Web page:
Death of a Sister: ‘Part of My Soul Has Left Me’

And I walk to your grave alone, in the cold demise of Fall.  It seems so much colder here without the comfort of knowing that you will be here to protect me in this life as you have so well.  The sky is white and endless.  The sun has been cloaked by the cryptic fog.  The leafless trees sway back and forth with the algid wind.  The ground is damp and dreary.  The world never seemed to be such a strong representation of death before you left me here, all alone.

Oh, my elder sister, why have you left me alone in this world so untrained?  So unprepared, so immature, so callow?  What am I to do with my life, knowing you are no longer here to guide me? I weep before I even reach the cemetery.

I am the air around you, listening your words.  I am the wind whispering to you that I can hear you.  I absorb them, as they fill me with both love and sorrow.  Do not fail to notice the only tree left in your path where the leaves still remain.  Their texture is silky and warming.  Their color is as yellow as a bouquet of daisies and they shine like the beautiful bright sun in the empty darkness of space.  Rain trickles down unto them and I weep for the sadness that my departure has left for you.  Though, I have not departed at all.

With each passing day, I curse God, or the Gods, or the Whoever with greater animosity.  I cannot believe in anything that has taken you away from me and snatched you away from life.  You had no chance to marry, to raise a family, to make a name for yourself and make this world shine brighter.  Now all that is left is this desolate, bleak, empty pit of a world.

I spread the clouds to illuminate the darkness, but you do not see because your eyes are so used to the dark that they cannot adjust to the light which surrounds you.

Life is so very different.  It is almost impossible to call what I am existing in as life.  It seems that the rest of the world is alive, and I am just here with them.  I have to “live” buried in this lugubrious soul, while everyone else lives freely.  I open the cold gates of the cemetery and continue on my path to where I feel I belong.  Amongst the dead and decaying.  Not among the living, not among those who’s souls blossom.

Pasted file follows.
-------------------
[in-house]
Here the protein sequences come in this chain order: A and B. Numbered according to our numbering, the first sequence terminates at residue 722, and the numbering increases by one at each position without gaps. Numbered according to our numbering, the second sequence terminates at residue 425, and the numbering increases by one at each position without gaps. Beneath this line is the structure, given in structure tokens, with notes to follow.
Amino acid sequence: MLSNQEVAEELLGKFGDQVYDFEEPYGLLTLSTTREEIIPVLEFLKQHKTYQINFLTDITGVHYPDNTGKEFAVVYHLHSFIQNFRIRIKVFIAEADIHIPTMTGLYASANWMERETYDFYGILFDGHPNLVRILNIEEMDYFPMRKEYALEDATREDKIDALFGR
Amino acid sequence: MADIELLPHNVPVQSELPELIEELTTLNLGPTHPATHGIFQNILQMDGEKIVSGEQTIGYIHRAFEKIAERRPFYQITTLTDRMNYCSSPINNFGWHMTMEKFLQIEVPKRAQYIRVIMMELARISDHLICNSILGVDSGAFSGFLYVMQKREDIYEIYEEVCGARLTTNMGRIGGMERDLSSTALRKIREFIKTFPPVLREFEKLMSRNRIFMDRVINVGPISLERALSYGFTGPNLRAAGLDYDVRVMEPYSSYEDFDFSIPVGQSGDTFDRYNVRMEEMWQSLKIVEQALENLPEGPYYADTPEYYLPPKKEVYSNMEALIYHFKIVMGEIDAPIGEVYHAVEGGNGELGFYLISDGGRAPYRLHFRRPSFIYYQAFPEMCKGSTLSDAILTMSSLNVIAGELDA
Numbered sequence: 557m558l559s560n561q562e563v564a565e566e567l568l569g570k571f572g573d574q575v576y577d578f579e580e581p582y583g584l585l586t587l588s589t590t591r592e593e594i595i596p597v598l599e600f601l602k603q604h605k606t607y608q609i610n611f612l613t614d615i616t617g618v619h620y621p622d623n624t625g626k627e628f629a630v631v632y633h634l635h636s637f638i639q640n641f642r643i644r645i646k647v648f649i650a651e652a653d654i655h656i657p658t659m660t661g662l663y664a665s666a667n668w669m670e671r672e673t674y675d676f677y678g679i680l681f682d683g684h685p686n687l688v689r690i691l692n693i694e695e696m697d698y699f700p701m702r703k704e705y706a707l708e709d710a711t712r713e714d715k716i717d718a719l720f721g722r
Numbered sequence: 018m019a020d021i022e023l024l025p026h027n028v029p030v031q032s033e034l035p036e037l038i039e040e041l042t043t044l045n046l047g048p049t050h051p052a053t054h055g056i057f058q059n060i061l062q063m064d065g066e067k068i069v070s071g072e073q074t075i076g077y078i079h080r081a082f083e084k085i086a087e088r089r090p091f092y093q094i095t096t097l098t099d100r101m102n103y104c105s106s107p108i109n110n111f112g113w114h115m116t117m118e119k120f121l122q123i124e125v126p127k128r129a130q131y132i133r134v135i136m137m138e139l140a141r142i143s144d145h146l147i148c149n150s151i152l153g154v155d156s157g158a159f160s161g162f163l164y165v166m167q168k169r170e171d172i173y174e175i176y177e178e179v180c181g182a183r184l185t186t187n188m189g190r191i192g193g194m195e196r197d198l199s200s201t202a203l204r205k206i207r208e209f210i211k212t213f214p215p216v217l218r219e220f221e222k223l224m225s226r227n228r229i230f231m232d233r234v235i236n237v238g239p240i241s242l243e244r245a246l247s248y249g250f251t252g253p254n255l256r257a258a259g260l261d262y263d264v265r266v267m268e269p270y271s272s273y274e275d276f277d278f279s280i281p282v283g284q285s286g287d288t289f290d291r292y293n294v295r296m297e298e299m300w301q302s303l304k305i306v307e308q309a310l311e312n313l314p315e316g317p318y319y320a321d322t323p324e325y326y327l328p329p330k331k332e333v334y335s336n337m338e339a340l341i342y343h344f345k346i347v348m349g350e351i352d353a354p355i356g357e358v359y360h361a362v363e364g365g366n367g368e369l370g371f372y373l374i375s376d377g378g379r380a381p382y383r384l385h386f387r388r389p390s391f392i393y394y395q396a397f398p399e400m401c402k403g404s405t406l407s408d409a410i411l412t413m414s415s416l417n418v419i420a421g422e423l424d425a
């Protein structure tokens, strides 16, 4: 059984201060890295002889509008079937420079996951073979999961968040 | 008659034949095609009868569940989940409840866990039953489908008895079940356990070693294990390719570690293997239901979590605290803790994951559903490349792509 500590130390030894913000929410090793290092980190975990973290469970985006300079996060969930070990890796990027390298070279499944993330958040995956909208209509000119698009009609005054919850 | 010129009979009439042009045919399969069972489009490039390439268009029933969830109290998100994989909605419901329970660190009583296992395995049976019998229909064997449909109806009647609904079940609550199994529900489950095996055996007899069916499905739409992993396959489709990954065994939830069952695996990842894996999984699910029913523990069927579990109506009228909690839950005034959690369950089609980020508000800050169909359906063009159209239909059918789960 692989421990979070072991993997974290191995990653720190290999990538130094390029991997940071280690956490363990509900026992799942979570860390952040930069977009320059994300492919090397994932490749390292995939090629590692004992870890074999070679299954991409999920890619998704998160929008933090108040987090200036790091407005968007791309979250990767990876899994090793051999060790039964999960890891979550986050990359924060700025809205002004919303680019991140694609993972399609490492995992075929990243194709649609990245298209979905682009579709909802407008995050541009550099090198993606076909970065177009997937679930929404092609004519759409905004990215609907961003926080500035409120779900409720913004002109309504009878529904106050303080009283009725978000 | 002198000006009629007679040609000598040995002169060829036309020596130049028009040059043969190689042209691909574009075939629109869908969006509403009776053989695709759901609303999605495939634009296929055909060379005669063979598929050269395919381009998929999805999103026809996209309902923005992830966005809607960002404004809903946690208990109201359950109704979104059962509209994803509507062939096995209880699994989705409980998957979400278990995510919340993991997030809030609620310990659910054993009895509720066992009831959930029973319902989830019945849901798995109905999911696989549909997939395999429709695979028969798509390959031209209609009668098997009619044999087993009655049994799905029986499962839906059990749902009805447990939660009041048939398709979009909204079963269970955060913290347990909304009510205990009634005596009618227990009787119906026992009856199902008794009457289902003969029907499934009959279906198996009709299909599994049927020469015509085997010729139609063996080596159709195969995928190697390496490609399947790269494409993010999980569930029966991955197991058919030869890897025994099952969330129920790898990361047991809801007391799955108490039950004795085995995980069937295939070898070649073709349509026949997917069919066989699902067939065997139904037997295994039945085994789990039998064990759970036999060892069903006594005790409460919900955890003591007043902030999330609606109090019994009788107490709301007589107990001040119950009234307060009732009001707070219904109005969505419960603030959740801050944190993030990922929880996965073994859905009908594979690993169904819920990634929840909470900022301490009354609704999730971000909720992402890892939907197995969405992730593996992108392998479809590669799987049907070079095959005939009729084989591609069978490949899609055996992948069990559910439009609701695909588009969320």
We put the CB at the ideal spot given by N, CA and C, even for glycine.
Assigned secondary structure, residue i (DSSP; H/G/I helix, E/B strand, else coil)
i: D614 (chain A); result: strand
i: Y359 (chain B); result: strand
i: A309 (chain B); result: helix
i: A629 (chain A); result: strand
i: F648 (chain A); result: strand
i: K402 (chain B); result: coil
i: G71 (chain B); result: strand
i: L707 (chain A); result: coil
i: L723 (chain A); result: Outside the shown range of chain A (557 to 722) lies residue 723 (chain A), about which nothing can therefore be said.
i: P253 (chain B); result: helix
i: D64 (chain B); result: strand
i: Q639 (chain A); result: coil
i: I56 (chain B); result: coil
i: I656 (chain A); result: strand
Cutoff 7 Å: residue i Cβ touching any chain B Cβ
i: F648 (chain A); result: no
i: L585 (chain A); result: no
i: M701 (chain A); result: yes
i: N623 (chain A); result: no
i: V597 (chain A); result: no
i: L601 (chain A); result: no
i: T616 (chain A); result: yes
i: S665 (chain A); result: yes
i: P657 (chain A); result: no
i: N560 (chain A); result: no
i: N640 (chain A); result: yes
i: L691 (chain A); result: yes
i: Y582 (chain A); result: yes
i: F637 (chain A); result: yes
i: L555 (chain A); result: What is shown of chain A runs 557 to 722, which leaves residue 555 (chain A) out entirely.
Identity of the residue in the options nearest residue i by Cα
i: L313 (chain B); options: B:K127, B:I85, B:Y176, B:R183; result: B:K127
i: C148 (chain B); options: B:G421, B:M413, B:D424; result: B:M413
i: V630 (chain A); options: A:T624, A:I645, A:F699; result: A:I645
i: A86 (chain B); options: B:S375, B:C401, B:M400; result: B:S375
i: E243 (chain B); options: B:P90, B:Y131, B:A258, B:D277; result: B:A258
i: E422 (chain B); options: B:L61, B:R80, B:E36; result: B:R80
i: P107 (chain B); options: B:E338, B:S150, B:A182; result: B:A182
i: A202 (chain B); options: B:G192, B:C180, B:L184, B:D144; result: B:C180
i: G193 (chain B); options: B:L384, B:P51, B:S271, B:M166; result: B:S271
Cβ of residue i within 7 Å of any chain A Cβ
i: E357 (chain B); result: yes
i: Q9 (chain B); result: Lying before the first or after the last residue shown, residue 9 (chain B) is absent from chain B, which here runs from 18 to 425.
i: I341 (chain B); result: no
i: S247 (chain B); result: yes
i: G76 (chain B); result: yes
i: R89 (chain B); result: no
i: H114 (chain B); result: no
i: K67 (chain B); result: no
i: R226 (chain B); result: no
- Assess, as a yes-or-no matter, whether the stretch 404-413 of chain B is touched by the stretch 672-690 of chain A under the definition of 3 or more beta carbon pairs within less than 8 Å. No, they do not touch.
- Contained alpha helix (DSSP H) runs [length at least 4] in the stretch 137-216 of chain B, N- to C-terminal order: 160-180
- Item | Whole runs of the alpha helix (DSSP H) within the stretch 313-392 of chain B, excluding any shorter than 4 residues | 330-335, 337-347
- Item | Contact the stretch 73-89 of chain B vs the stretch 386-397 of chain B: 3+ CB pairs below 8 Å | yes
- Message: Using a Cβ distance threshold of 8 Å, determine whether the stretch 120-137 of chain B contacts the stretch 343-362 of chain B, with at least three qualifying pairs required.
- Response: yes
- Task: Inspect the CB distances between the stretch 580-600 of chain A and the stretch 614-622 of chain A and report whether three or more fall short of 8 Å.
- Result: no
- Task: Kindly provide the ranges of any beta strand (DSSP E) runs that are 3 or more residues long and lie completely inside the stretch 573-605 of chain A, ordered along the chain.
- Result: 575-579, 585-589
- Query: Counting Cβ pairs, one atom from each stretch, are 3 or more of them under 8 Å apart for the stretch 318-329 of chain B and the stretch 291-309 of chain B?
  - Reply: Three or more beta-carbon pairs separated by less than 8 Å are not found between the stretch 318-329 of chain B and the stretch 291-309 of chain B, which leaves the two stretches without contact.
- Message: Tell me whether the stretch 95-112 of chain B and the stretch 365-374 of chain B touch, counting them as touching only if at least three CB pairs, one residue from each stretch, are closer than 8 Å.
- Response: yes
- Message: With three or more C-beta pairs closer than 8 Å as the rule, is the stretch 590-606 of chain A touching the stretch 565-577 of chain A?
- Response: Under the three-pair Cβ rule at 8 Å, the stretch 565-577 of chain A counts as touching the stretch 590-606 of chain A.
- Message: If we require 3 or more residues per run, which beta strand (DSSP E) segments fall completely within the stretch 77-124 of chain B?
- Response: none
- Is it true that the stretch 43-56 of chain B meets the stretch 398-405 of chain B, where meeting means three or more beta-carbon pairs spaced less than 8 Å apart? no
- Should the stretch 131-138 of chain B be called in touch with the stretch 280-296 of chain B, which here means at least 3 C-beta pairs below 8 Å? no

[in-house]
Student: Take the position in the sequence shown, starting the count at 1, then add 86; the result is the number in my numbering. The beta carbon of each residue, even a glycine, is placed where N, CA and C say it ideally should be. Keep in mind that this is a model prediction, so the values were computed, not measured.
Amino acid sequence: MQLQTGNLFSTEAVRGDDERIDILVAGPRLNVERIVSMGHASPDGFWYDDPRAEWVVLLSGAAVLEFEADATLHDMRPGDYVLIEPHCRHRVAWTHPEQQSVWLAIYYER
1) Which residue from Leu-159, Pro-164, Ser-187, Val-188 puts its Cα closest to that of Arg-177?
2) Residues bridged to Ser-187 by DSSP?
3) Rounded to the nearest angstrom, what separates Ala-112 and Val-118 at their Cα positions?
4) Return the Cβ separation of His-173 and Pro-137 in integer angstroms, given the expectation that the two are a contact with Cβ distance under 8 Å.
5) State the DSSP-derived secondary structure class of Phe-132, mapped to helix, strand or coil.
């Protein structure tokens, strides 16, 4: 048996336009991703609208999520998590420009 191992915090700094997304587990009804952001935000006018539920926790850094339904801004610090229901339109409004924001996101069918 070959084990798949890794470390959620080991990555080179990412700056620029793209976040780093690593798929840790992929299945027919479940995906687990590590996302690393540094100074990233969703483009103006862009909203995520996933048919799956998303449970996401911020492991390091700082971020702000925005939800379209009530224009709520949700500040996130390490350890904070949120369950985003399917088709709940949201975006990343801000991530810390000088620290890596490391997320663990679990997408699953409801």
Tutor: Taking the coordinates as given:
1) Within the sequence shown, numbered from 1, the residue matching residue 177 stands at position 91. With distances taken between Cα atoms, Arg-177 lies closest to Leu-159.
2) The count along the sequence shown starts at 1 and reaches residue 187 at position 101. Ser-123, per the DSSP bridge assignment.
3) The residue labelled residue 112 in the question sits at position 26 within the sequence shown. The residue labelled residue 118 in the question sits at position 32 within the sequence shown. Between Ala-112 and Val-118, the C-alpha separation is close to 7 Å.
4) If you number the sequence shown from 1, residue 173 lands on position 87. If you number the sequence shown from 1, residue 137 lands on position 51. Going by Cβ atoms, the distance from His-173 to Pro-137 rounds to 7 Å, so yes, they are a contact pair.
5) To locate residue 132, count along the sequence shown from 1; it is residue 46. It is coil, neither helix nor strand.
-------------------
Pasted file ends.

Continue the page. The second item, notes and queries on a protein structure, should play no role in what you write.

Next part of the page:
I have not died.  I die when God dies.  I surround you in this world through the eyes of the truly natural.  The truly beautiful and pure.  If only you knew how beautiful life can be.  I stare at the stars and wonder what beauty other worlds and galaxies hold.  But I do not wonder any longer what beauty this world contains.

Never have I felt so alone.  I must find my path in this world by myself.  I must deal with your death without you here to comfort me.   I must walk to your grave alone.  I arrive with flowers and a letter that I wrote to you.  It was not meant to be read aloud because it was only meant for your eyes and no one can overhear it.

I bend down to lay the flowers and the letter near your stone, but instead fall to my knees and bury my face in my hands.  My eyes shut tighter and tighter until I am struck with pain.  I tear at my ear, my cheek, my eyes.  Tears flow in-between my fingers and down into the soil of your grave.

Part of my soul has left me now that you are gone.  Part of my sanity has escaped me now that you are gone.  My older sister, my protector, my guide, forever absent from my life.  How I wish you were here to console me and talk me back into sanity, but you cannot because you are forever gone…and only further fade away in time.

I am the wind that lifts the fallen leaves to float around you.  I am the leaves, hugging you in your sorrow, telling you that I am okay with where I am now.  You shouldn’t worry about me.  I am the elder, it is my duty to worry about you.  The leaves spiral around your curled up body and the wind whispers these words into your ears, but you are covering your ears and blinding yourself from me.  The Earth cries rain because of your sadness, not because of my loss.

I finally rise from the ground and walk out of the cemetery.  I cannot return home yet, so I walk to a pond nearby.  The Earth is painted in a mysterious fog and I cannot see more than a few feet ahead of me.  The world is hidden, but each step I take uncovers new areas. More trees, roads, fallen leaves, sticks, bushes, birds, life become visible with every step.  The only sounds that can be heard are subtle chirpings and leaves blowing in the wind.

The almost-silence helps me calm down, since the real world is anything but.  I reach the pond and stare as far as I can see (which is only a few feet, due to the fog).  The water is surprisingly blue and sprinkled with colored leaves.  I become lost in the ripples of the water and suddenly this world doesn’t seem so desolate.  The contrast of the blue waters against the white sky, and the black birds gleefully floating in the colorless sky to no foreseeable destination makes it seem like this world itself is a beautiful painting.

It’s funny how not all beauty is obvious and colorful, such as spring and summer.  In fact, I find myself to be drawn into the uncertain atmosphere of fall and winter more so than spring and summer.